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Executive Summary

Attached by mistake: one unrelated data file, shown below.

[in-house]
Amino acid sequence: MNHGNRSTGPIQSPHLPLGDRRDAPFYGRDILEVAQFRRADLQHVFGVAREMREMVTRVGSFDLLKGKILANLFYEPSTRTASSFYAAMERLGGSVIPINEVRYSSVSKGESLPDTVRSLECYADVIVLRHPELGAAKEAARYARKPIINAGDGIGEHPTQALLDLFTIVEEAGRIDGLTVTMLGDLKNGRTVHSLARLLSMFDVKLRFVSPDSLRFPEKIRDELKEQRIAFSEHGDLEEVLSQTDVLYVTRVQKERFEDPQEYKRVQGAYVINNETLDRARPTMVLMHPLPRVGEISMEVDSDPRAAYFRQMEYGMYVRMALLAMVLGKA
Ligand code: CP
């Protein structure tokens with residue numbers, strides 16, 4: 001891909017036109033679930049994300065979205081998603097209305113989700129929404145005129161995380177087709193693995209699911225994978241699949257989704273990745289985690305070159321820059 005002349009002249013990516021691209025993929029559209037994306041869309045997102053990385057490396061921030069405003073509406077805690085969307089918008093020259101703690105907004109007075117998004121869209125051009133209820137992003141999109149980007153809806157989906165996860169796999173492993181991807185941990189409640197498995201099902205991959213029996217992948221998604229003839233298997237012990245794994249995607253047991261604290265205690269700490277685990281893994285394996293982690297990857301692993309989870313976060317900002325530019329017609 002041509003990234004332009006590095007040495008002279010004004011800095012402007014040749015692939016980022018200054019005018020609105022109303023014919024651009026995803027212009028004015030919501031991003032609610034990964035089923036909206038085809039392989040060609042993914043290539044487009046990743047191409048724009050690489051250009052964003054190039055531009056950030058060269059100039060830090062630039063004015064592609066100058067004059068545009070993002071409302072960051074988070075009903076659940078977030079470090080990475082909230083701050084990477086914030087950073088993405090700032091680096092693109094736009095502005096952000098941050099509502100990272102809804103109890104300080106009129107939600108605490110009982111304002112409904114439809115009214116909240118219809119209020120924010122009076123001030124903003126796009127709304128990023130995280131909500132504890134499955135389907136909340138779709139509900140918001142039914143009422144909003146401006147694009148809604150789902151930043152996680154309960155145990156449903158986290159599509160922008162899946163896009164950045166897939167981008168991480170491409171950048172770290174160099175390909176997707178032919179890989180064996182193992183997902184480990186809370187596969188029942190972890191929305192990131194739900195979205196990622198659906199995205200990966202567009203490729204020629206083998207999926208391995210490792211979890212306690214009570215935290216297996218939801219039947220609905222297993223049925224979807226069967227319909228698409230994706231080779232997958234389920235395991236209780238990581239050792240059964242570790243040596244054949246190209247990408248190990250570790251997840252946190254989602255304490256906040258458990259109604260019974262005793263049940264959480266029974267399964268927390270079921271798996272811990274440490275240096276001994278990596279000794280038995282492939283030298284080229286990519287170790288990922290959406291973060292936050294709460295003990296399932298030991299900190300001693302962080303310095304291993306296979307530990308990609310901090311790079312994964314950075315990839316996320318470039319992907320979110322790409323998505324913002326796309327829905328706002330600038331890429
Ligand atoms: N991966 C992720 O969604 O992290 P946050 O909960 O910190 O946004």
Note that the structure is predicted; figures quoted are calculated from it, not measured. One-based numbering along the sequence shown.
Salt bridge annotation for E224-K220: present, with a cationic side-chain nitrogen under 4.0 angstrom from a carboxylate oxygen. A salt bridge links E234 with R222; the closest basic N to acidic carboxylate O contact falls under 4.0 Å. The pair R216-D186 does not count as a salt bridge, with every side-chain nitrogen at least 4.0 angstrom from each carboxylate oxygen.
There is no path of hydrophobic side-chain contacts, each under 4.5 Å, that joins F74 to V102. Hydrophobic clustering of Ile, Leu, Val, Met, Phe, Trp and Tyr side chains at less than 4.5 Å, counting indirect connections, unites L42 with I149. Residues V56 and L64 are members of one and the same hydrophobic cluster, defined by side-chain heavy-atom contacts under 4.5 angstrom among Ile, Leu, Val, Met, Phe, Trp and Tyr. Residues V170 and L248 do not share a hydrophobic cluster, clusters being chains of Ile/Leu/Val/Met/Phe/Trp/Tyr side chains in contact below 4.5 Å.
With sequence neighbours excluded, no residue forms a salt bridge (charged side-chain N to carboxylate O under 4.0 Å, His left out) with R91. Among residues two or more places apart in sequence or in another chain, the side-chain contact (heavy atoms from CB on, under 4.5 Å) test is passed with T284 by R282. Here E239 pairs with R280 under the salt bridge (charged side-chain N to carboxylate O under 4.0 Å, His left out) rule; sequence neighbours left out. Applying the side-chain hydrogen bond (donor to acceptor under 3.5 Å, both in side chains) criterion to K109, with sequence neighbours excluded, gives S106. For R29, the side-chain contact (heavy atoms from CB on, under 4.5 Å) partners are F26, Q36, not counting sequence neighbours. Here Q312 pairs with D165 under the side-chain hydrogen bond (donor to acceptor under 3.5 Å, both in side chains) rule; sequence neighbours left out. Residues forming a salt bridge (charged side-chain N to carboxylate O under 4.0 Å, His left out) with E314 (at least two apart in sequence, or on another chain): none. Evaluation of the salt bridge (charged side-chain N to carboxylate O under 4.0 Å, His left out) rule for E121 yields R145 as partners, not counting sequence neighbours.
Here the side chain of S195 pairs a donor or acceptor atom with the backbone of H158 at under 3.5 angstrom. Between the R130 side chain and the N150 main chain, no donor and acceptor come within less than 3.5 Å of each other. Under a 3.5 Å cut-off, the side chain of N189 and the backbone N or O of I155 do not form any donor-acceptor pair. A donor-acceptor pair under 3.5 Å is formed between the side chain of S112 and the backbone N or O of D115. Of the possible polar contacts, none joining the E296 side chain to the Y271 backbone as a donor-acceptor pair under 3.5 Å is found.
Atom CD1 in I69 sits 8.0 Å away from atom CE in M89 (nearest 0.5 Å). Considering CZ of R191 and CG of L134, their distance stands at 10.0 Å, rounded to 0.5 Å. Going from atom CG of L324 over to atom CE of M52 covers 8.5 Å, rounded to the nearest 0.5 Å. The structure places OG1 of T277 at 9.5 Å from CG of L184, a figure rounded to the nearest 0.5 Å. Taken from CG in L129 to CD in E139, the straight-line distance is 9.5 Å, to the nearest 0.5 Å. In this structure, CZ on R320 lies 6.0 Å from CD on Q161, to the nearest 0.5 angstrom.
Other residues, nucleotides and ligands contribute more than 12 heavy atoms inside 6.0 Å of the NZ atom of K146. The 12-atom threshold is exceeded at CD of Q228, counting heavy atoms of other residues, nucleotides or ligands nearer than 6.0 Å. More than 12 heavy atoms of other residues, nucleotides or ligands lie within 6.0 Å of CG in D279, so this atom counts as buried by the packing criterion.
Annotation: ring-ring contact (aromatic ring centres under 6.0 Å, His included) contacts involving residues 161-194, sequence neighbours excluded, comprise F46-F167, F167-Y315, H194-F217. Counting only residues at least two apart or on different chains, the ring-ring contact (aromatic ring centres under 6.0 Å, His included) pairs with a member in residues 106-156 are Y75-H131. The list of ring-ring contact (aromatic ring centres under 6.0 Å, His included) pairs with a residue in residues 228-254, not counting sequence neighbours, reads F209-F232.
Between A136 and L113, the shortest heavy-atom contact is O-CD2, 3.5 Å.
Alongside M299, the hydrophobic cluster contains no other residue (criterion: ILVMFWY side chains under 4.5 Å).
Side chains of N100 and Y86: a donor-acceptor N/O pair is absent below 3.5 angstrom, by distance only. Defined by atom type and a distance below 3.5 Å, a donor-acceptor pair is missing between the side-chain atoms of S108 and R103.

METERED DOSE NITROGLYCERIN PROVIDES "SPECIAL BENEFITS" for angina patients, FDA said in approving a Rorer petition to allow use of chlorofluorocarbon in a metered dose nitroglycerin delivery system. The agency made a similar ruling regarding chlorofluorocarbon use in Fisons' metered dose cromolyn sodium. In a July 24 Federal Register notice, FDA said that it "tentatively agrees that the use of metered dose nitroglycerin and metered dose cromolyn sodium provide special benefits for angina pectoris patients and asthmatic patients, respectively." The agency added that it "tentatively agrees that the benefits these products provide would be unavailable without the use of chlorofluorocarbons." According to the FDA notice, the Rorer petition states that the firm's metered dose nitroglycerin product "provides a substantial health benefit that would not be obtainable without the use of chlorofluorocarbon." FDA noted that the petition "contends that the delivery system and convenient size of the product would allow the patient to easily use the product and obtain quick relief during an attack without having to open a bottle and fumble with small tablets." In its petition, Rorer also maintains that "only a chlorofluorocarbon can result in a product that is stable and that dispenses the required number of doses with acceptable accuracy, reproducibility, and uniformity." Rorer is the first firm to petition FDA for the addition of nitroglycerin to the list of chlorofluorocarbon uses considered "essential." FDA approval of the use of chlorofluorocarbons indicates that the firm may be nearing NDA approval for a metered dose nitroglycerin product. In February, Parke-Davis filed a petition with FDA seeking clearance to begin IND studies of a sublingual nitroglycerin product in an aerosol drug delivery system that also made use of chlorofluorocarbbns as propellants. On July 5, FDA granted Parke-Davis' request to begin clinical studies of its aerosol nitroglycerin product. The Parke-Davis petition said that the purpose of the studies is "to collect data to show that the use of chlorofluorocarbons is essential in a metered-dose aerosol form of nitroglycerin for sublingual administration to humans" ("The Pink Sheet" March 18, p. 3). At that time, Parke-Davis said that the use of an aerosol delivery system would require a full NDA for marketing approval. FDA noted that according to data presented by Fisons, its metered dose cromolyn sodium may have advantages over other delivery systems. The petition "includes data showing that the turbo-inhaler delivery system currently being marketed requires considerable skill to use, making it unsuitable for adults suffering poor inspirational capacity, handicapped and elderly patients, as well as for small children," FDA pointed out. In addition, FDA said, the Fisons petition also asserts that other delivery systems, such as a hand-operated pump or compressed gases "could not provide as safe and uniform dispersal of the drug in proper size particles as a chlorofluorocarbon propellant."

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